Orthodoxy vs. Orthopraxy

Posted on November 21, 2012 by

If you love Me, keep My commandments.

First comes orthodoxy, then comes orthopraxy.

I’ve been struggling with this concept for some weeks now, contemplating the intersection of what we do vs. what we think.   I’ve realized that my problem lies primarily in the attempt to separate what God has joined – at least for this life.  We creatures, spirit housed in meat, are creations who stand in both worlds.  The spirit world is more real, perhaps, than the physical world, but we don’t have access to that world as of yet.  And we are explicitly and repeatedly told that we will be judged on what we do with this life, and that what we do – our actions – will result in eternal consequence.

Action, however, must arise from attitude to be meaningful.  God created His children with free will, and He cares what use we make of that will.

Actions can shape attitudes, and this is sometimes used to bad effect.  When the actions take first importance and the attitudes fall by the wayside, you end up with what is known as a Pharisee.  (Pharisees are in all religions – just let a religion take power, get established, they’ll crop right up).   Sometimes people stop worrying about why they’re doing something, they instead get wrapped up in the doing, and then they take that “doing” to greater lengths than was ever expected, making it the end instead of the means.

However, if you let the actions slide, you’ll find that in no time at all the attitudes will follow.  Certainly we make exceptions for those who cannot perform the action – whatever it may be – but for those who can, they ought to do so, for action is important.   What sort of tree is that?  Let’s inspect the fruit.

Orthodoxy comes before orthopraxy, but they are both important.  That’s where people go wrong – devaluing one or the other.  We do this not only in religion, we do it in our interactions with others.

Each and every one of us hopes and fears being known and loved for what is inside, and we call that self the “real self”.  Each and every one of us evaluates the ones around us – known and unknown – by their actions first, motivations second.  (Yes, even your tiny babies.  You say, “Oh Beaulah bites when she’s happy” – you don’t say, “Oh Beaulah kisses people when she wants to get away”).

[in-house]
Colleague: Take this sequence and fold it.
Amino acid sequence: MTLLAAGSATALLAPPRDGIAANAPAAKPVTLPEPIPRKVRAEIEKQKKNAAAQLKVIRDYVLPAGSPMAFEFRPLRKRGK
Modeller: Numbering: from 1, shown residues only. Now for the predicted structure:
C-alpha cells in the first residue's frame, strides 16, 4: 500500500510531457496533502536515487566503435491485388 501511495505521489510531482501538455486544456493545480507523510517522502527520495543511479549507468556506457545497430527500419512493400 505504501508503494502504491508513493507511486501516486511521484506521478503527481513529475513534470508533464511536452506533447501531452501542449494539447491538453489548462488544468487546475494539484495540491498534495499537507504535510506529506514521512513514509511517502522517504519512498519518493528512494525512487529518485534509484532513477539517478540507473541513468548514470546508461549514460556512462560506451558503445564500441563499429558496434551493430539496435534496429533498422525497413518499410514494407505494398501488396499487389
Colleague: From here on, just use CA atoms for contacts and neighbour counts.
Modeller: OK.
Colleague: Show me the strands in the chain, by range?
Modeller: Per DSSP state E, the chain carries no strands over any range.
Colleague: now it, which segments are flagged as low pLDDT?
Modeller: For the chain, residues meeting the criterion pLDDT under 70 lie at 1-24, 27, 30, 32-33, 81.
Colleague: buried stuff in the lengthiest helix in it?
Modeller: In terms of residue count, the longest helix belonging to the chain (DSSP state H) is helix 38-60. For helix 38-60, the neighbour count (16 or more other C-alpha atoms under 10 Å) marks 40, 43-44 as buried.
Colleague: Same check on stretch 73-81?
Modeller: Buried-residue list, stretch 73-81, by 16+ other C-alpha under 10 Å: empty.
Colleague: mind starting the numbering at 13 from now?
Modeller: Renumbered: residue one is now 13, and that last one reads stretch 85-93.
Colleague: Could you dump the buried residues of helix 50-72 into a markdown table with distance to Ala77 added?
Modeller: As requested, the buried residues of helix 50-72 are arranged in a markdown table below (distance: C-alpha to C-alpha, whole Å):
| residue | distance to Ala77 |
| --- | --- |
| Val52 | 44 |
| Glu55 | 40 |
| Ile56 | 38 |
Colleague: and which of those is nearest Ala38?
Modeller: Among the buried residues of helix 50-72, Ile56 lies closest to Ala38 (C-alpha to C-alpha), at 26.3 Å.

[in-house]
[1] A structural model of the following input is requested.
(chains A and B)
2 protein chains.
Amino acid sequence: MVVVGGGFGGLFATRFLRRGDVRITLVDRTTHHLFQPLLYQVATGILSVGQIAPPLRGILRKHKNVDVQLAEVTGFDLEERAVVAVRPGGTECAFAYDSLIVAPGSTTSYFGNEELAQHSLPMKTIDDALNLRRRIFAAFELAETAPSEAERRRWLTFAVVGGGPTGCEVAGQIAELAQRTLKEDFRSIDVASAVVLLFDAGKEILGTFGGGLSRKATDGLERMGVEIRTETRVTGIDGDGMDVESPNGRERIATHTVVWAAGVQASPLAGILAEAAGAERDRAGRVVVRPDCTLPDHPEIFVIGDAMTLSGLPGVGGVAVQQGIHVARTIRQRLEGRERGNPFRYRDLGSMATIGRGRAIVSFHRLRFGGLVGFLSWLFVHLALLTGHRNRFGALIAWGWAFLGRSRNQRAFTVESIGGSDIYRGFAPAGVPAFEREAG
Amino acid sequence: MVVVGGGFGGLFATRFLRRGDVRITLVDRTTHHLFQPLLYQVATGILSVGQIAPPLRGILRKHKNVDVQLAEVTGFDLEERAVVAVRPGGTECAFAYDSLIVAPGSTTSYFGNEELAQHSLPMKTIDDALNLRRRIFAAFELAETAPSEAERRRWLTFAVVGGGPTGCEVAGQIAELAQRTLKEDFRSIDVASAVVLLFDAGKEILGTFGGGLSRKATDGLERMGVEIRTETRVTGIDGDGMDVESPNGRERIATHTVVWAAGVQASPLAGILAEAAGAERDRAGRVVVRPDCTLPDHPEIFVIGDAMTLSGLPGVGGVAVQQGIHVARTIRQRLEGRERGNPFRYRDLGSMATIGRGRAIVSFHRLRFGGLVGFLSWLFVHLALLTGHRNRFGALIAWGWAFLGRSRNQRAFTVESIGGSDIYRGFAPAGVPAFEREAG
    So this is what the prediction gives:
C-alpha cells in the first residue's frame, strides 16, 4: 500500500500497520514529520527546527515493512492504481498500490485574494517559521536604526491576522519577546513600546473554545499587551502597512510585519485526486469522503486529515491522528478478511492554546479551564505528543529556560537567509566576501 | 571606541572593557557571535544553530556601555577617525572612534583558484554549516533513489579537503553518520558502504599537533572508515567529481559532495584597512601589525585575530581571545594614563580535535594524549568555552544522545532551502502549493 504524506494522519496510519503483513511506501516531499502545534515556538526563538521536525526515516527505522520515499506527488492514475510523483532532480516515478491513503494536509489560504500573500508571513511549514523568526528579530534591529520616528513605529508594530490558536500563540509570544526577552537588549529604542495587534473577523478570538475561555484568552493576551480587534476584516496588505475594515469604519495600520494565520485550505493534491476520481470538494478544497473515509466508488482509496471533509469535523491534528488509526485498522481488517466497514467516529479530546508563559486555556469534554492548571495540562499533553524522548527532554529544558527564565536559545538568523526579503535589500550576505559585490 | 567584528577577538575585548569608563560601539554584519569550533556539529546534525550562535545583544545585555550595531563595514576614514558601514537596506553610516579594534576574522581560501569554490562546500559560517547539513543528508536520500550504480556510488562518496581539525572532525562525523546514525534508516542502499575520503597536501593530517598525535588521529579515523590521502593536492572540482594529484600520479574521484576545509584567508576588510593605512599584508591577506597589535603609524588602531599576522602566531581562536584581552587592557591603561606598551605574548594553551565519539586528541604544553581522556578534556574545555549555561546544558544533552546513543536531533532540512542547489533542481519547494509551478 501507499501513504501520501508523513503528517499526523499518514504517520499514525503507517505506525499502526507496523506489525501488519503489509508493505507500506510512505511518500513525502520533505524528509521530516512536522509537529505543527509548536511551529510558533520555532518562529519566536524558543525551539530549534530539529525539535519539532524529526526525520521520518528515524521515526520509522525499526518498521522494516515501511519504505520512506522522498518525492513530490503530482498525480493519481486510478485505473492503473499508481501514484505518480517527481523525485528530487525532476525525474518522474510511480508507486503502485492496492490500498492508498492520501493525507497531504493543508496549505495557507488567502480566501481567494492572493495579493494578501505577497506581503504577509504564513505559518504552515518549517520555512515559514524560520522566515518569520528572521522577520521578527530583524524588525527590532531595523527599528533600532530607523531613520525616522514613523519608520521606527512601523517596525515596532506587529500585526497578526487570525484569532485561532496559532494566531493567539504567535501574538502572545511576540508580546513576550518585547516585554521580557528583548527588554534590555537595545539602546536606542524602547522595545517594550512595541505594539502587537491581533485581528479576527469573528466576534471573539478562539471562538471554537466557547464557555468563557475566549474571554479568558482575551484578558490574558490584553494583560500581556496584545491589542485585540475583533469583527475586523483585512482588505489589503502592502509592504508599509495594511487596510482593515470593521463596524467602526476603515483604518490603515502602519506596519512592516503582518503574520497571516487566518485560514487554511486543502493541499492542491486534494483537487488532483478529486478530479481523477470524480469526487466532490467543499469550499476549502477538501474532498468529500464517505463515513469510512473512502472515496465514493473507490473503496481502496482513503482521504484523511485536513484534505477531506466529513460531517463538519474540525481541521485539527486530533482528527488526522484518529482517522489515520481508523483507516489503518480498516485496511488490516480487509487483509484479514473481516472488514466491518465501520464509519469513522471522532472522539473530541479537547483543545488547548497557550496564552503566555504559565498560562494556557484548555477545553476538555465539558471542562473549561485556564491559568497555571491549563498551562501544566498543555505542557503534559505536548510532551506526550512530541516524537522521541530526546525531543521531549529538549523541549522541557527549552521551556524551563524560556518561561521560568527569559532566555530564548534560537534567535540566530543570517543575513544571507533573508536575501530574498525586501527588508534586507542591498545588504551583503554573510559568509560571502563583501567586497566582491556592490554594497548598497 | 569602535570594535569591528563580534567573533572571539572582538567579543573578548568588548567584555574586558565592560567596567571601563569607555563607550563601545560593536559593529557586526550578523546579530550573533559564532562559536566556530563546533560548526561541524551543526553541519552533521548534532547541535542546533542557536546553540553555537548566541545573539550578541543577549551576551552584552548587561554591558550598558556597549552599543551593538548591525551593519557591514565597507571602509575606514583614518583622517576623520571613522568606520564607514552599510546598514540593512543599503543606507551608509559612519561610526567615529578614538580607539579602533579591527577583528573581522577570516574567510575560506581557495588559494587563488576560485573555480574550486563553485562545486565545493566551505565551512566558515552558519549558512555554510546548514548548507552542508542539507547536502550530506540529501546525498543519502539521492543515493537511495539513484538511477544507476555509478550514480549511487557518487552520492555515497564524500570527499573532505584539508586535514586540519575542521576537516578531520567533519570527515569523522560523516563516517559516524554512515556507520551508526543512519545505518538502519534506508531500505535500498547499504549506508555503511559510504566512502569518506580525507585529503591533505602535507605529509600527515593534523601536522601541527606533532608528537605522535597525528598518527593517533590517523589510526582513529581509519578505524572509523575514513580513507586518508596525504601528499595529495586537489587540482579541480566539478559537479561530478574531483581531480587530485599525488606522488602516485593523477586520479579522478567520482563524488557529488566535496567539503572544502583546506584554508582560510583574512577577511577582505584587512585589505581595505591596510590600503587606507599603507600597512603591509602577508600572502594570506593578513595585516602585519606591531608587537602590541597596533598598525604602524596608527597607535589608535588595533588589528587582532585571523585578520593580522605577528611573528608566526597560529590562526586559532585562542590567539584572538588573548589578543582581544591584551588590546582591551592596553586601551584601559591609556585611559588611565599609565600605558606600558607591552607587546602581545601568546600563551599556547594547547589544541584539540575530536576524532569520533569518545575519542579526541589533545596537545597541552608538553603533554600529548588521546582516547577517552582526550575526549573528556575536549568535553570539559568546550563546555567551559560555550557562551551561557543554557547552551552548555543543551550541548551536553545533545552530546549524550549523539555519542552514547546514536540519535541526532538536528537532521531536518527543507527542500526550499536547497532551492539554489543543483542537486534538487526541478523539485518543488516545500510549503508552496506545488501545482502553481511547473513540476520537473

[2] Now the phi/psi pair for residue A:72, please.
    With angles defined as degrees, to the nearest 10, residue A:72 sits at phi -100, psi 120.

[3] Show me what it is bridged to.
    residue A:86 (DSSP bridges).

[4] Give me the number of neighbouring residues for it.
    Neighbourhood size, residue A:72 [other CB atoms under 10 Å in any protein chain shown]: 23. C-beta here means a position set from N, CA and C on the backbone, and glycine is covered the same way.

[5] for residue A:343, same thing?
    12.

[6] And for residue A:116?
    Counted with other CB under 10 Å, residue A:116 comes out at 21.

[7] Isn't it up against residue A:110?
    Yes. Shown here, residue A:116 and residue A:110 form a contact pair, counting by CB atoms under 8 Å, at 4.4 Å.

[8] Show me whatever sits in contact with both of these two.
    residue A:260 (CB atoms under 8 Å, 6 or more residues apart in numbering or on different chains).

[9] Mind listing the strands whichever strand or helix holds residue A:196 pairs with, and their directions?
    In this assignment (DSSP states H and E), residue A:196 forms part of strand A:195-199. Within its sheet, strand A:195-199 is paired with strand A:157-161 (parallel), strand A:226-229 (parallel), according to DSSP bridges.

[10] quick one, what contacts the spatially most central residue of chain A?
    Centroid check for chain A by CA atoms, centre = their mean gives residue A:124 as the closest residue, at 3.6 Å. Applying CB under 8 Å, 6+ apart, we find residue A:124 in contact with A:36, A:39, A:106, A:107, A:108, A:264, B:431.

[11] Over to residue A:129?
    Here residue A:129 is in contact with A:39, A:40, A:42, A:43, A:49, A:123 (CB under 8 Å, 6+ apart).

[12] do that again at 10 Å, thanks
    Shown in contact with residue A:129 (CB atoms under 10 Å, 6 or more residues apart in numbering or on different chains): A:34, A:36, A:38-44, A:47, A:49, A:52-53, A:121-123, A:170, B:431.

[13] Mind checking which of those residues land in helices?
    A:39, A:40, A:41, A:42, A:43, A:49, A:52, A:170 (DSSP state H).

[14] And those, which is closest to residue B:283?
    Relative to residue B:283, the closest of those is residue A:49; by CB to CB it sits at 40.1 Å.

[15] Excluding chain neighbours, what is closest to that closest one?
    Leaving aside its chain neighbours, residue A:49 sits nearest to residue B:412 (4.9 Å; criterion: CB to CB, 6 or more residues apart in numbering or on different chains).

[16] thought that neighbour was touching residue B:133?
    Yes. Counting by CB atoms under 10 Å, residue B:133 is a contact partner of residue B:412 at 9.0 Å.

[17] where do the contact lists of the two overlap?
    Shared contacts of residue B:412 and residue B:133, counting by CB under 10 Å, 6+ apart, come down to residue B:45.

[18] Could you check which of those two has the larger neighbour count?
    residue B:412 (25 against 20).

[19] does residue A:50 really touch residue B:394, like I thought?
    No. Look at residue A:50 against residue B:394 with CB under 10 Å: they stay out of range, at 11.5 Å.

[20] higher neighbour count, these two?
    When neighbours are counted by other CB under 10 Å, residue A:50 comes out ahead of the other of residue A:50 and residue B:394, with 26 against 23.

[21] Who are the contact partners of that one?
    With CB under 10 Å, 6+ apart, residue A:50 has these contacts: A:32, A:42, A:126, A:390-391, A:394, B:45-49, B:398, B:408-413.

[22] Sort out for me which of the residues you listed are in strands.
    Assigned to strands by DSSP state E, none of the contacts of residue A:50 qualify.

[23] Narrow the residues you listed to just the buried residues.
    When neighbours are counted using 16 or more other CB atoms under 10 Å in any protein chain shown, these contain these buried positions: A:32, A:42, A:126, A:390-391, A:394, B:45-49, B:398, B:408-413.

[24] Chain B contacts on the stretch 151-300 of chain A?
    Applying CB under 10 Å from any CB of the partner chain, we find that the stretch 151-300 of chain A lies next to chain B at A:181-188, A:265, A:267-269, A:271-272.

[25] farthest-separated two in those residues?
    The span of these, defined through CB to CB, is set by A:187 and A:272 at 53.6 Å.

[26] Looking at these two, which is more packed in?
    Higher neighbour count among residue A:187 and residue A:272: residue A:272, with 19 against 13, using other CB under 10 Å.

As much as we understand this to be true, we battle against it.  Primarily because it is so very hard to make our actions and words match what we wish we really were.  Entropy prevents me from being as beautiful as I was at eighteen… how do you judge my interest in pleasing others visually?  You have to know what I have to work with, and only God judges perfectly.  We fear (and rightly) the judgment of our fellow mortals.

Some of us will give up all hope and stop trying – just as they’ll stop reading their Bibles, going to church, praying… because they know that no righteousness of flesh can please God.   They will rail against the unfairness, claiming that the others around them should judge them solely on the content of their character without any evidence whatsoever.

This attitude is evident in marriages across the nation.  “You should love me for me!”  Well, of course that’s true.  What is also true is that if you love in turn, your actions will speak of your regard.   We are mortals, and all we have with which to judge is what is on the outside.

We have to show willingness to work, in all things that are worth working towards.  We will fail, we will fall, we will falter.  What matters is that we have the will – it’s one of the very few things we have of our very own – and that we put that will to work in whatever way we are able.

Orthopraxy will follow from orthodoxy, and is its only proof.

–This is only a fraction of what I have to say on this, and the other ladies of TC have mentioned that this subject is on their hearts as well.  Hopefully we’ll all have more to add to this topic.–